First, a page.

New Chupi's Beef food stand opens despite economic stagnation
November 9, 2009
Milwaukee (HNNUSA)-Last Friday, November 6, Eduardo and Leslie Velez owners of E&J Records, 1242 S. Cesar E. Chavez Dr. opened a portable Chupi's Beef food stand in front of their business. The new addition adds flavour to the S. Cesar E. Chavez Dr. predominately Mexican business district by offering hot dogs, tamales, Polish sausages, bratwursts, and pop corn along the strip.
Eduardo began his E&J Record business about 15 years ago with his brother Joselito Velez on the 1100 block of W. Greenfield Ave. After five years in business they bought a new building at the 1200 block of S. Chavez Dr. Joselito later sold his half of the partnership to Eduardo and since then, both Eduardo and Leslie who have their roots in Puerto Rico have been managing their growing business.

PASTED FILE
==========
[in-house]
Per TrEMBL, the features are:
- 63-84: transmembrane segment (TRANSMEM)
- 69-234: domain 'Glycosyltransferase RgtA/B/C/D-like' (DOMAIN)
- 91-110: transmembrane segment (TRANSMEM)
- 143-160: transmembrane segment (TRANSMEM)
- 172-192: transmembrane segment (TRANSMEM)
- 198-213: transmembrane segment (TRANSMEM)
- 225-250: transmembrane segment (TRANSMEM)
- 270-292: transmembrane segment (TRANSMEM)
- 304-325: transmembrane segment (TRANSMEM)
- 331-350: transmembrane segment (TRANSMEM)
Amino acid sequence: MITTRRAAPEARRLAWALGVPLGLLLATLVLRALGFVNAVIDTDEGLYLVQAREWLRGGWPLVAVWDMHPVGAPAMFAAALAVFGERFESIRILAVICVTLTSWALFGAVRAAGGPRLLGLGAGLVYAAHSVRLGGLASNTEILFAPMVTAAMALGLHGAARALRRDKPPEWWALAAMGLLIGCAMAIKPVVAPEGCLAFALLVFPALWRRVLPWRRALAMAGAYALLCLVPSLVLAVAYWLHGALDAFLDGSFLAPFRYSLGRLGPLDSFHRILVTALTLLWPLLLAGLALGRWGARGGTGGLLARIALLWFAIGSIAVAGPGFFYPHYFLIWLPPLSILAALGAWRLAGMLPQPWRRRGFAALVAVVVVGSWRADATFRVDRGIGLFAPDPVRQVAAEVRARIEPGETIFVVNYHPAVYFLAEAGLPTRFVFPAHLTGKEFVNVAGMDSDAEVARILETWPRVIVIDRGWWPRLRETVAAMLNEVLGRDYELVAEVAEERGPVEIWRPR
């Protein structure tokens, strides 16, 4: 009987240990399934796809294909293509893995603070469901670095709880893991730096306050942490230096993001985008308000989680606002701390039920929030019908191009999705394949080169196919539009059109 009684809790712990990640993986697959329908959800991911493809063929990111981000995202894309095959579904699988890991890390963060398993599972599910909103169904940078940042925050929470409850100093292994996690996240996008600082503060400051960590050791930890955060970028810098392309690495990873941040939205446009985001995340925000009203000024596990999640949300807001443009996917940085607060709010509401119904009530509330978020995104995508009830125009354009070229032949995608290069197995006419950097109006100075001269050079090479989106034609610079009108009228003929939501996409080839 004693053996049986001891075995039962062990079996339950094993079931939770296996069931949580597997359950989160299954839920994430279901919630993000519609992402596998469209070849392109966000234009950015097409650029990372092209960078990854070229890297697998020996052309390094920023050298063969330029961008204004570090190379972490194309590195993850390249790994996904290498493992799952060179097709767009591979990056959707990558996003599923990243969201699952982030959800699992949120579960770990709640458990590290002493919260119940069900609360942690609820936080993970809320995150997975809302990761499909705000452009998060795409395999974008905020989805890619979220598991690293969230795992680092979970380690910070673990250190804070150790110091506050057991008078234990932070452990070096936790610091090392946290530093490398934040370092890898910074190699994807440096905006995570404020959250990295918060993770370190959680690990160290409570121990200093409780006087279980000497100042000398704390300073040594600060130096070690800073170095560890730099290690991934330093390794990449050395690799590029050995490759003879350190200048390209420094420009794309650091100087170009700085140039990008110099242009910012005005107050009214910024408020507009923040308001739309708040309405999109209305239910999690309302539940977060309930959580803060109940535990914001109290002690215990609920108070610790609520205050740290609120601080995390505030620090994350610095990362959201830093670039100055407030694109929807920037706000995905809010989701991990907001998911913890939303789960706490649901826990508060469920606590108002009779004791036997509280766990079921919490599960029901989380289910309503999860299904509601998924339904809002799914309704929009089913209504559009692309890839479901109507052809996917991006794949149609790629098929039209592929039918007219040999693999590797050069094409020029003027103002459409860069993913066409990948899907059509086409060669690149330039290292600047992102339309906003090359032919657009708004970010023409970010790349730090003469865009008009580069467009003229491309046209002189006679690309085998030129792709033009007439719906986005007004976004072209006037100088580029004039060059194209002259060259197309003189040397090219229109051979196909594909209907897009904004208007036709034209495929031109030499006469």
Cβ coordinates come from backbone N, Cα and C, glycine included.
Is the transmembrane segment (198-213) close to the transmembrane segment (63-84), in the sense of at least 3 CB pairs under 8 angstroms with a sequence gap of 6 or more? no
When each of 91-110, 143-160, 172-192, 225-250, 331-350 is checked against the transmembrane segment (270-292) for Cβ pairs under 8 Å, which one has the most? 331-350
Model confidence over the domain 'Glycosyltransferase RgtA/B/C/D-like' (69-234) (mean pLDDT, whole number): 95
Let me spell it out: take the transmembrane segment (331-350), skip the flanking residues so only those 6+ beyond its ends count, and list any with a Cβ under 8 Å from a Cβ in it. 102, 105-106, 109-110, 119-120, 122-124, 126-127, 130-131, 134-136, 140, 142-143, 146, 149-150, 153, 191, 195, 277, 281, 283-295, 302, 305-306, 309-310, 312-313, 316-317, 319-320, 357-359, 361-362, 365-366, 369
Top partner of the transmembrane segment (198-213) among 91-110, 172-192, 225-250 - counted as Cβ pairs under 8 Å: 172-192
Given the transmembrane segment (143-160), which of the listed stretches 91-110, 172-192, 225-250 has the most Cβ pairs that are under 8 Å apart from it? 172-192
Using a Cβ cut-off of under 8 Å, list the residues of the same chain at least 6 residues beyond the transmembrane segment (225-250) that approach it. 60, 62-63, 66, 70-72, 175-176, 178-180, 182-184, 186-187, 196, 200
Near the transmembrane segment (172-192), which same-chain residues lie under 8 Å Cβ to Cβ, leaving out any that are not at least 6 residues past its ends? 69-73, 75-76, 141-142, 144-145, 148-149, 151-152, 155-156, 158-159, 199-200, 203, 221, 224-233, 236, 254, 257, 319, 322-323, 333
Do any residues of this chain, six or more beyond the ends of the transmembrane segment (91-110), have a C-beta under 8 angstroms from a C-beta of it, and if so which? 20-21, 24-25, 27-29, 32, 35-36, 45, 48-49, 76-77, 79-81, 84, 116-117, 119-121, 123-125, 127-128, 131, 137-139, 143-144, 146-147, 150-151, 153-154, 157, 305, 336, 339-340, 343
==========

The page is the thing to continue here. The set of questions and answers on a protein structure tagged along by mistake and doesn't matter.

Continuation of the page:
The predominately Hispanic South Side district is one of the primary districts for generating tax revenue, including fees for licenses, permits, violations, etc., for the City of Milwaukee. City officials cited, "the Near South Side consistently showed signs of robust investment, business, and property value growth. Between 2002 and 2006, sales price per building square foot increased each year and rose from $39 per square foot to $61 per square foot. The annual value of all construction investments increased from $37.8 million to $124.1 million and averaged $56.3 million. The value of land per square foot for residential, commercial, mixed, and industrial use increased and exceeded that for the City of Milwaukee as a whole," according to the City of Milwaukee market study.